Looking back on history, we have come a long way in the education of women, particularly in food studies (previously known as Home Economics). Food Studies is no longer focused on ‘how to be a good housewife’, rather designed to provide a holistic and global perspective on health, wellbeing and build on the capacities of students to make informed food choices.
Reflecting on the 1950s and 1960s the following is allegedly an extract from a 1950s-60s Home Economics Textbook.
“Have dinner ready. Plan ahead, even the night before, to have a delicious meal, on time. This is a way of letting him know that you have being thinking about him and are concerned about his needs. Most men are hungry when they come home and the prospect of a good meal is part of the warm welcome needed.”
Here in the Korowa Kitchen, our Food Studies subjects develop students’ understanding of food whilst acquiring skills that enable them to take ownership of their food decisions. Subjects explore a range of contemporary issues with an emphasis on extending food knowledge and skills to build individual pathways to health and wellbeing and sustainability through the application of practical food skills.
In the Cripps years, team-based experiences underpin the approach to food based practical activities. With a focus on developing an understanding of effective planning techniques, food terminology and sequencing of food production. As they progress, students develop their nutritional understanding to create and present healthy meals along with an awareness of environmental issues within the food supply.
In Year 9, students may elect to study Food and You or the CreATE Design subject. In Food and You, students experiment with a wide range of ingredients and methods to develop skills and understanding that enables them to make appropriate food choices. They build on the environmental and nutritional aspects of food as well as explore food science.
CreATE is an interdisciplinary innovative learning expedition involving Visual Arts Design and Food Studies where students develop their entrepreneurial skills and pursue an authentic real-world challenge brief which revolves around sustainability, food production and design. Using a brief, students develop a food product and act as clients for students who design logos, packaging and marketing concepts. The intention is then for students to showcase their products in formats such as a farmers market at school. This year, projects were driven by the question ‘how can we use indigenous ingredients in everyday food products and packaging’. Developing real-world connections, CreATE students welcomed professional chef Nornie Bero, and were inspired by her food journey and use of indigenous ingredients and products developed at her cafe Mabu Mabu in Yarraville.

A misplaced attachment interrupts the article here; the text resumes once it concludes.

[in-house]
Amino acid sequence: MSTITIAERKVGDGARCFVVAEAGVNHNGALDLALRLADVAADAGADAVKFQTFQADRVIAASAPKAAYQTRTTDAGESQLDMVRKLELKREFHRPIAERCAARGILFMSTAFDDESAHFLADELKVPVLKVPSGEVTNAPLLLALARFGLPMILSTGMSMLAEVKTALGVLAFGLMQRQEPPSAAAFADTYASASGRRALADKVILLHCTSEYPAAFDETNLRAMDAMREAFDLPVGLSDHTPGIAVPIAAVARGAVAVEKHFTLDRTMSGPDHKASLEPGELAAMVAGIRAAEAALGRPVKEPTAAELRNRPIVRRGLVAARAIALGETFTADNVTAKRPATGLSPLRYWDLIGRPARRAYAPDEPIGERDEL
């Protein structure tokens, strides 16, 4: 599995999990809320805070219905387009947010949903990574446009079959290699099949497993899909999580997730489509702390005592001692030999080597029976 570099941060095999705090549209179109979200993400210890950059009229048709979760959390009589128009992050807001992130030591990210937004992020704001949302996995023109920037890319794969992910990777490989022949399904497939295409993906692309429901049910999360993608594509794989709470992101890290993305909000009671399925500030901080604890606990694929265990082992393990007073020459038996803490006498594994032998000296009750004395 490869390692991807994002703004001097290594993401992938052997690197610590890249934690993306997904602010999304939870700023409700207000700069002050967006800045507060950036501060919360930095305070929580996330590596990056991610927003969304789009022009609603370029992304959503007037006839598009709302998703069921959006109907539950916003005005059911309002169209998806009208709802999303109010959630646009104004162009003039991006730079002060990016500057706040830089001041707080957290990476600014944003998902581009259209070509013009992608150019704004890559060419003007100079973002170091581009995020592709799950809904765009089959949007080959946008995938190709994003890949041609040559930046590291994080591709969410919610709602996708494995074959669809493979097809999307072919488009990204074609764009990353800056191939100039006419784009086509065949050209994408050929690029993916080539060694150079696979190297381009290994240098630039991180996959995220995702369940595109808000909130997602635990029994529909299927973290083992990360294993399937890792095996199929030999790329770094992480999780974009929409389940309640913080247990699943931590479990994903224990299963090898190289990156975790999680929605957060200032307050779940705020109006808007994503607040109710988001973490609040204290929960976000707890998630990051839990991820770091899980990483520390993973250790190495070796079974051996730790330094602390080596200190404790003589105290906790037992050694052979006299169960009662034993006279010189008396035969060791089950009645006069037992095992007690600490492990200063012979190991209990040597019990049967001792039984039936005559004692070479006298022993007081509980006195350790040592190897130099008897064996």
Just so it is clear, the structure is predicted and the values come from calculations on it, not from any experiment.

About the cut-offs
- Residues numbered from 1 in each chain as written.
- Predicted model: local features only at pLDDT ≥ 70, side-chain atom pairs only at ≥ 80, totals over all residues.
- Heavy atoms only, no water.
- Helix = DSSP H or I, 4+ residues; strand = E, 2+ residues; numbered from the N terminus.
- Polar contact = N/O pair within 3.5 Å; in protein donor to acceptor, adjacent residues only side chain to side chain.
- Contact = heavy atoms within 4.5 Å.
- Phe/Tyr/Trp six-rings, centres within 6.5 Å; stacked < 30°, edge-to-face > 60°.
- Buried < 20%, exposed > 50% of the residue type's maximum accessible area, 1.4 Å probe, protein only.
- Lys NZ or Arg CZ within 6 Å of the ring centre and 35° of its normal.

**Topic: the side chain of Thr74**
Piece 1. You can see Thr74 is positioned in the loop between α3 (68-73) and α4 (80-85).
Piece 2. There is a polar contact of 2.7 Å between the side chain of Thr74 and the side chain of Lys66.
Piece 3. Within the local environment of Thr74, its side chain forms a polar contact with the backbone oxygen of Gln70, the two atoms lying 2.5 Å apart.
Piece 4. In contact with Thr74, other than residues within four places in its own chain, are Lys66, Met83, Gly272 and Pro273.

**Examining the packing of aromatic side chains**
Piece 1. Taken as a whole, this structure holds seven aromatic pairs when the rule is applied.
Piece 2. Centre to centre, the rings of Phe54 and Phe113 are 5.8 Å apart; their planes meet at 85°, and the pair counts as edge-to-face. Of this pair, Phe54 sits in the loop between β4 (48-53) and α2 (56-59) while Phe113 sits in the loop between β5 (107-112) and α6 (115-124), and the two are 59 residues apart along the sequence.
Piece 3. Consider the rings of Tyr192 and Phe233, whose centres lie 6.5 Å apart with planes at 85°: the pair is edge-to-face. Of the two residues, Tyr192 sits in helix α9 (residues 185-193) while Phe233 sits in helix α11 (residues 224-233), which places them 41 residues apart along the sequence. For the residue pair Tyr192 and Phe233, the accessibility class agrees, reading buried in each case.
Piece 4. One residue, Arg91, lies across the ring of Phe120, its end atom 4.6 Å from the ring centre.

Year 10’s Food by Design course explores food systems in contemporary Australia through a sociocultural perspective. Students further investigate environmental and ethical issues as they develop their food skills in the Korowa Kitchen.
VCE Food Studies is designed to extend students’ knowledge and skills to health and wellbeing through the application of practical food skills. Students explore food from a wide range of perspectives. They study past and present patterns of eating, Australian and global food production systems and the many physical and social functions and roles of food. They research economic, environmental and ethical dimensions of food and critically evaluate information, marketing messages and new trends. The VCE curriculum provides a framework for informed and confident food selection and food preparation within a complex contemporary architecture of influences and choices.
Food Studies complements and supports further training and employment in the fields of nutrition, dietetics, food manufacturing, hospitality, food science and more.
It certainly is a different world today.